I want to let a vehicle or camera follow a path (stick to a line) that I defined in design time. (Like a train following a rail).
The vehicle or camera would be operated by the user (press a key to go forward or another key to go backwards).

I really don't have any clue how to build something like this, and I can't find some tips to do something like this.

Can someone help me with this? Or can you give me some tips?

Thanks

Update:
All solutions given here use splines which gives the wrong effect for me. I want to move, say a car, along a path in a straight line and at some point turn into a corner (the path would be straight followed by a quarter of a circle, followed by a straight line again.)

There are numerous options, but if you want to keep coding to absolute minimum, you could try to make an animation of a point in your 3D program, and in Unity attach the camera to the animated point and play the animation. Another option that doesn't require too much programming is AniMate.

For the line, you simply need to point the camera in the correct direction (use the equation of a line) and Translate(0,0,X). For the quarter circle, use the equation of a circle. What you want is a circle (x^2 + z^2 = r^2) that is not centered on the origin (your camera's starting location), but has the position of the camera on the circle itself at (0,0) with the circle's center at (-r,0), ignoring the y for the moment. (which will then follow 1/4 of the circle until it has made its turn). So basically you want to calculate your x position as a function of z:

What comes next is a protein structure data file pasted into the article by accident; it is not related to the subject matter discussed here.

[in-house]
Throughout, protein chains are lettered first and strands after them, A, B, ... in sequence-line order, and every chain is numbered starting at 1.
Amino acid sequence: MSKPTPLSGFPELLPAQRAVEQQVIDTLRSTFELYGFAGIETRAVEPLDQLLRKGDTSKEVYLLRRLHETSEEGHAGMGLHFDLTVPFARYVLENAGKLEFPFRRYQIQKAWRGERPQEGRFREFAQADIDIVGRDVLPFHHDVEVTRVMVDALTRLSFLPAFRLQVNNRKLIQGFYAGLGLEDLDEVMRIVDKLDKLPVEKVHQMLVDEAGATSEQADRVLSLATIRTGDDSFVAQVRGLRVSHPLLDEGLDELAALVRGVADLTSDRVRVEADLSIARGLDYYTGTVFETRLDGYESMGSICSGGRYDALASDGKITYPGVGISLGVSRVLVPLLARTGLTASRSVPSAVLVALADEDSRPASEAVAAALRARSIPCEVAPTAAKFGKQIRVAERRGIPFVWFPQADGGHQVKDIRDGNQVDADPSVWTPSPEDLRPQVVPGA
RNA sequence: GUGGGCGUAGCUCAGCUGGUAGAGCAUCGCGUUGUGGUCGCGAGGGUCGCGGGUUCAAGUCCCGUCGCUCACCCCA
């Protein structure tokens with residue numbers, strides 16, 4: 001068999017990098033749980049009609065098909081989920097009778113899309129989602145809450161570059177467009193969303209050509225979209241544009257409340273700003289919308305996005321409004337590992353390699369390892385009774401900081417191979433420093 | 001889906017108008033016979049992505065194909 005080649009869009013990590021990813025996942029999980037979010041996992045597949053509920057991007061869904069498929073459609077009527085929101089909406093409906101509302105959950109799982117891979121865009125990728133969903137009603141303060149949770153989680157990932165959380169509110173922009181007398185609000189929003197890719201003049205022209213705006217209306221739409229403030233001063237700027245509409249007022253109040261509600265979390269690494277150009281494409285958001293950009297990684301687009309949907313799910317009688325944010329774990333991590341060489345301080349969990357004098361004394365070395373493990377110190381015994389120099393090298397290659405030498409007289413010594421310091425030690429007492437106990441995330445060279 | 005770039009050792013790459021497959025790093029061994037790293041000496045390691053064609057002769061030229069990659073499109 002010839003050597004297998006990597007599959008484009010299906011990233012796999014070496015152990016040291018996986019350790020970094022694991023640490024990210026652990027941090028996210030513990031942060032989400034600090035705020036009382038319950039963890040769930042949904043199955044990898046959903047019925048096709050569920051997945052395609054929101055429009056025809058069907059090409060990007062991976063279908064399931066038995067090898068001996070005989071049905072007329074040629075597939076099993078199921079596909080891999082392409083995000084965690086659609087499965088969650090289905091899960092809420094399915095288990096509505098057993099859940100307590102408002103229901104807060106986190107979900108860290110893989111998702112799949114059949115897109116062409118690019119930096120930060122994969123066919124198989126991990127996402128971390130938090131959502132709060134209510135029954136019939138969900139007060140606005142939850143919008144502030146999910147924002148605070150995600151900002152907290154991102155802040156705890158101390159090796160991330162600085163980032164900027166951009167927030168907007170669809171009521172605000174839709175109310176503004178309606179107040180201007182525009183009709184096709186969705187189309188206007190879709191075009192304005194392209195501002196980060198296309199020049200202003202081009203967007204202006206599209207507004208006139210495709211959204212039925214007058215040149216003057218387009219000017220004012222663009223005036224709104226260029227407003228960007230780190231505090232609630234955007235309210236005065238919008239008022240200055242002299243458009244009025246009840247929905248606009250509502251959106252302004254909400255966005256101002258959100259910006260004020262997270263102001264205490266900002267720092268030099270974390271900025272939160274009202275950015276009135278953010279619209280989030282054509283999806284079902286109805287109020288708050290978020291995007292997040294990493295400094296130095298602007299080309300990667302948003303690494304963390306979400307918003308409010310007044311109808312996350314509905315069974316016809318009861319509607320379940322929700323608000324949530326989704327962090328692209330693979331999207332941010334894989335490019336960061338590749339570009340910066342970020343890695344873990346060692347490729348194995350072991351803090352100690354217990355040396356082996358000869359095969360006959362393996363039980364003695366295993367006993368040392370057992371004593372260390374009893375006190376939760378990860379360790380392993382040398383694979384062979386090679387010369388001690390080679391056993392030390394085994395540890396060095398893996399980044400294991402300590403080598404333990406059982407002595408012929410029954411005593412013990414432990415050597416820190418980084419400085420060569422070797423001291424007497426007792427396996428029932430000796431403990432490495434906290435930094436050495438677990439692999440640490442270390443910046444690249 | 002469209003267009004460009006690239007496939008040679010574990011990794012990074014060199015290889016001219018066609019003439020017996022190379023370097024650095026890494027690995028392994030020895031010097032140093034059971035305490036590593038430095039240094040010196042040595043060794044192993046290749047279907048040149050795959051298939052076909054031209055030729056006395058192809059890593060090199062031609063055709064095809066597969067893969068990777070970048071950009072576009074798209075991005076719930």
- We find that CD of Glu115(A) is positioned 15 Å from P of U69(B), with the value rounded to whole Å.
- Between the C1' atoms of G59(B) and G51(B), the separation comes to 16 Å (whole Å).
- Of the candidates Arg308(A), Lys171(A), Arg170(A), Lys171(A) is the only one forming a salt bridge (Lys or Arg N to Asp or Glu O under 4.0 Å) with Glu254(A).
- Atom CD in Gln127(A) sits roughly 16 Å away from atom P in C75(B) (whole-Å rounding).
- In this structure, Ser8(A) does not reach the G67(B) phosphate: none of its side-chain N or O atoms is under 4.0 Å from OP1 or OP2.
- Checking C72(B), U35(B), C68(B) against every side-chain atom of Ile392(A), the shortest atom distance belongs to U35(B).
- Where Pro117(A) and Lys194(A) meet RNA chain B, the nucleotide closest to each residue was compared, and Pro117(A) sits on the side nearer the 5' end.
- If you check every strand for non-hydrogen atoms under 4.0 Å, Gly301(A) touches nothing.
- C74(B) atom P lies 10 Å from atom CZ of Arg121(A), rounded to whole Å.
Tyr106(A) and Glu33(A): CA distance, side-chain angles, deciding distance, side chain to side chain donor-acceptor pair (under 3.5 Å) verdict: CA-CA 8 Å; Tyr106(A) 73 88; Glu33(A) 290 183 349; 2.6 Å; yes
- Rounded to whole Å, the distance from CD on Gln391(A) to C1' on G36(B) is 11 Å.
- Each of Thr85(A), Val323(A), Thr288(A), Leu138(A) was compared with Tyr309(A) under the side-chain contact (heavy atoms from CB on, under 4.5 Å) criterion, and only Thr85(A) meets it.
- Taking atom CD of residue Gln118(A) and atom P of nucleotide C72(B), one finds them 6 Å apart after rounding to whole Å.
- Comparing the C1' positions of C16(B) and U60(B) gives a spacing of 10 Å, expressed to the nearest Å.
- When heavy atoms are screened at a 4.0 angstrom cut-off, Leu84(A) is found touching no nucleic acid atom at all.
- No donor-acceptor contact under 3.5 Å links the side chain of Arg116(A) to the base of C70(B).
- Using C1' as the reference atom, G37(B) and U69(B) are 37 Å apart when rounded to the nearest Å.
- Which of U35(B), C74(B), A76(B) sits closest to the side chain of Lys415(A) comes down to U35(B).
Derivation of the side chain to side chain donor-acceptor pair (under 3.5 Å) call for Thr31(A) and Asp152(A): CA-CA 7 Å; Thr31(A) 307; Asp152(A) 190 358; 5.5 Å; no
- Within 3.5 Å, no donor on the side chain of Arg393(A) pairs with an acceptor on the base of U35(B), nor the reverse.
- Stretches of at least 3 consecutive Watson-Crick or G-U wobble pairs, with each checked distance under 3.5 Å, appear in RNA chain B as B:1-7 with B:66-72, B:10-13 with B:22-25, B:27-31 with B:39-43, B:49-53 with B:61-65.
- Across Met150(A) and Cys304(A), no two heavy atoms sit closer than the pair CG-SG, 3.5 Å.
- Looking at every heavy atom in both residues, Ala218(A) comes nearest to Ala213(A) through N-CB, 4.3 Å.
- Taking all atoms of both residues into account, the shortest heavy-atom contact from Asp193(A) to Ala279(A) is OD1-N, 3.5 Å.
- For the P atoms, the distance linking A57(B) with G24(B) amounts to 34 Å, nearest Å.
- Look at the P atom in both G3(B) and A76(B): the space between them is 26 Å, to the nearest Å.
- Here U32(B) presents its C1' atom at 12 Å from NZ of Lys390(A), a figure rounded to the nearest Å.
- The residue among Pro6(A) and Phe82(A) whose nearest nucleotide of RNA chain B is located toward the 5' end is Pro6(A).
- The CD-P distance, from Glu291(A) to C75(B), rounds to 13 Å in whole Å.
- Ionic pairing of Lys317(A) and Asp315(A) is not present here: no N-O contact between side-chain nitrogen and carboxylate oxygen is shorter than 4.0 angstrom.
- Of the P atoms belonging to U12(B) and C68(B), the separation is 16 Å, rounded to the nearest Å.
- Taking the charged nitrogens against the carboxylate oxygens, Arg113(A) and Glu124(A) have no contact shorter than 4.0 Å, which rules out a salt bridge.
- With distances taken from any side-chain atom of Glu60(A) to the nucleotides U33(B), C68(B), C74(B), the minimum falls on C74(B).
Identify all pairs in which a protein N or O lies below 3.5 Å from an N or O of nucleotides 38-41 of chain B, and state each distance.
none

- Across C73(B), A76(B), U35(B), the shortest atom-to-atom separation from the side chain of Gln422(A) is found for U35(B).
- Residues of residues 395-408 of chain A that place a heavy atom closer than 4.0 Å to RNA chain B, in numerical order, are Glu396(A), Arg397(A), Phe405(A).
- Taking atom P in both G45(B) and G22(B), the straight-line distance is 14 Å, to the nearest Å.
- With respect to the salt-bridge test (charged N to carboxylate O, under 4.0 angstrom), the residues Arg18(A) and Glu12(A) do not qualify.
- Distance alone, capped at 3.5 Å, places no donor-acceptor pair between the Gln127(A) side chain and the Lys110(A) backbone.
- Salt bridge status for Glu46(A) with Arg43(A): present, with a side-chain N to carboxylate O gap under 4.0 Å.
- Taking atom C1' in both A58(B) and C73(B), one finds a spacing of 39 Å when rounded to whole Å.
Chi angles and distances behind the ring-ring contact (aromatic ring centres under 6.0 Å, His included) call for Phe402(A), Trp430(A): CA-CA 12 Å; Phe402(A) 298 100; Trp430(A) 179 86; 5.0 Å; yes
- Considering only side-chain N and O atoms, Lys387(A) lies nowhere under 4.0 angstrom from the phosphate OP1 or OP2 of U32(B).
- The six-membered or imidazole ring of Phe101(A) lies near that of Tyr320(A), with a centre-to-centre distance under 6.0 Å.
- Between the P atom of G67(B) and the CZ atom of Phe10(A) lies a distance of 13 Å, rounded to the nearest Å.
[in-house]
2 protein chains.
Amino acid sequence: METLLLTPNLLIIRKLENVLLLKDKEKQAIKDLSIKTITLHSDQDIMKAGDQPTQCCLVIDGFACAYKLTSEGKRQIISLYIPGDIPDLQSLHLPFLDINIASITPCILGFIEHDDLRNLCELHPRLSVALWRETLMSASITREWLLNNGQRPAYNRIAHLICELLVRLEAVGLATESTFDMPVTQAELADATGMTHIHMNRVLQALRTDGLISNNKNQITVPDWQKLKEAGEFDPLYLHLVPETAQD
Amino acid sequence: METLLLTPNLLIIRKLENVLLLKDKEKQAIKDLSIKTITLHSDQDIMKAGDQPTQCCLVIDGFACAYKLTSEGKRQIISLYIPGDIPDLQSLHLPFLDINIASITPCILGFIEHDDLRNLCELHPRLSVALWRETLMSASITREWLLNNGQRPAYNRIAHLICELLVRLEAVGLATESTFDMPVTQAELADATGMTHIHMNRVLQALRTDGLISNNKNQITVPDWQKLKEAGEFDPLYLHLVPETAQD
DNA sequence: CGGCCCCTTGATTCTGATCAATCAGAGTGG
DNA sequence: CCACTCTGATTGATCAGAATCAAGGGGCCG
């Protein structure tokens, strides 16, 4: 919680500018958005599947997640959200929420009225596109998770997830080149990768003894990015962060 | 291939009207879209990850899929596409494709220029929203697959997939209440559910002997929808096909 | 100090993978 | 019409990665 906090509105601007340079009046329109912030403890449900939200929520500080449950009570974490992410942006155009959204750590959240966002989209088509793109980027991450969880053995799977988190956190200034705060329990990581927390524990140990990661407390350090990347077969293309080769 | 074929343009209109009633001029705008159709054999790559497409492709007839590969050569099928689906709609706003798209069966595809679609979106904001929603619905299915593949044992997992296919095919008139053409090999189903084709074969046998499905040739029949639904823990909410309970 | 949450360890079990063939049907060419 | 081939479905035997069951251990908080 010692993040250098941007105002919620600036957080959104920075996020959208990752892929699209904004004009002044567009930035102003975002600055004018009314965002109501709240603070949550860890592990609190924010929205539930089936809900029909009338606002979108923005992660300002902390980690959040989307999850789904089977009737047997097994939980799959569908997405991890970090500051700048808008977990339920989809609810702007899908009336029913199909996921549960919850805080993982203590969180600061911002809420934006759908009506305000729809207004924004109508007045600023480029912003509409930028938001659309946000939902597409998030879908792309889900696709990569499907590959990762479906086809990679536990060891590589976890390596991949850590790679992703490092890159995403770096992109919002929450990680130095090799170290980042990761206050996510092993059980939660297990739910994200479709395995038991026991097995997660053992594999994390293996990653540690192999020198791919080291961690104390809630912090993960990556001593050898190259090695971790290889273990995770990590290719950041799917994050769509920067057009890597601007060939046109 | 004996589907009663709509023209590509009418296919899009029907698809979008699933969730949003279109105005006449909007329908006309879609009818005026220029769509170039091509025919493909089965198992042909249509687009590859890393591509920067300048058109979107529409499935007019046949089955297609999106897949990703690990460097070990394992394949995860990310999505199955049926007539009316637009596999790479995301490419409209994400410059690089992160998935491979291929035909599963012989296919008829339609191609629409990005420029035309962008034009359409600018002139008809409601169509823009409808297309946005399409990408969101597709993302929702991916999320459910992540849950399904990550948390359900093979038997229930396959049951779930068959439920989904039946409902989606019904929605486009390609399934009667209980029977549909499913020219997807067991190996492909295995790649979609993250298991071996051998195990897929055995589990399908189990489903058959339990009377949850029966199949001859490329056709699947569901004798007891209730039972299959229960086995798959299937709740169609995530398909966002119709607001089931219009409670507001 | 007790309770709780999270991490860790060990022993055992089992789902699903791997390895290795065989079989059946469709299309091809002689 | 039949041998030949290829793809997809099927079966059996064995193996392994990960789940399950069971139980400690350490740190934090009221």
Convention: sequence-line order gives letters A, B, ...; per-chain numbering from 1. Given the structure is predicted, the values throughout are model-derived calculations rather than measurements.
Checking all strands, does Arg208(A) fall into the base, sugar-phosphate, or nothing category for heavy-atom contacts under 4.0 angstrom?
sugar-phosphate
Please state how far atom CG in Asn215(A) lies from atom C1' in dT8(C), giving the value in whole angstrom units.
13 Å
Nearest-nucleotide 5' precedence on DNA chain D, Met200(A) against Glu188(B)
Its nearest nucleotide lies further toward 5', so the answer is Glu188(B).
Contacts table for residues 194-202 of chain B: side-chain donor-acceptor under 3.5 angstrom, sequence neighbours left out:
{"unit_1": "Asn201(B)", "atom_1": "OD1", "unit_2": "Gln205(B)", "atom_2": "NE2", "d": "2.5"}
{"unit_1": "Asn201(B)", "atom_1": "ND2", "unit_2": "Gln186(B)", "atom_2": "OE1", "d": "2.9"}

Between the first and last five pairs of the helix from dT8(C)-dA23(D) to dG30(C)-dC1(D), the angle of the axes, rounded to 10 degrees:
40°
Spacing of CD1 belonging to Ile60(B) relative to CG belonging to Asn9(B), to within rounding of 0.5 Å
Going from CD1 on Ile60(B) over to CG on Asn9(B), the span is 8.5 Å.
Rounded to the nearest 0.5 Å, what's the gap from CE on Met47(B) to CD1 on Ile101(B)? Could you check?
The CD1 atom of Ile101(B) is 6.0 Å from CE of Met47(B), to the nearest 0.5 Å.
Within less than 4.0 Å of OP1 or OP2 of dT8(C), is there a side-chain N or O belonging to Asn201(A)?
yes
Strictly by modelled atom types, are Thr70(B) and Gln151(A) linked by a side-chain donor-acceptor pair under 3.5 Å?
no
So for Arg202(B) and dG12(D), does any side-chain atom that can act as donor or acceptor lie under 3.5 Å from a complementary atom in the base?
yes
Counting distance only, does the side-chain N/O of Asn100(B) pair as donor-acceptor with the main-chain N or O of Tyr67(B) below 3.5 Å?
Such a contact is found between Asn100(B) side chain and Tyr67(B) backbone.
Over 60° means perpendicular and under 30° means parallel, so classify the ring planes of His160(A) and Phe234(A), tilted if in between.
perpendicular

if r = radius of circle, and z goes from 0 to r ... one-quarter of a circle, the distance of the radius from the origin... then you can plot the position as:

x = (r^2 - z^2) - r

That will plot out a quarter circle path for you. Then you simply need to position your camera at (x, constant, z) for each z from 0 to r.

To change the direction of the camera, use theta = z/r*90, then Rotate from the original angle (0, theta, 0).

This will allow you know the exact position and angle of the camera at every step along your path and quarter circle. Just remember to store your original coordinates (before the start of the turn) and reset to those each time before you position and rotate.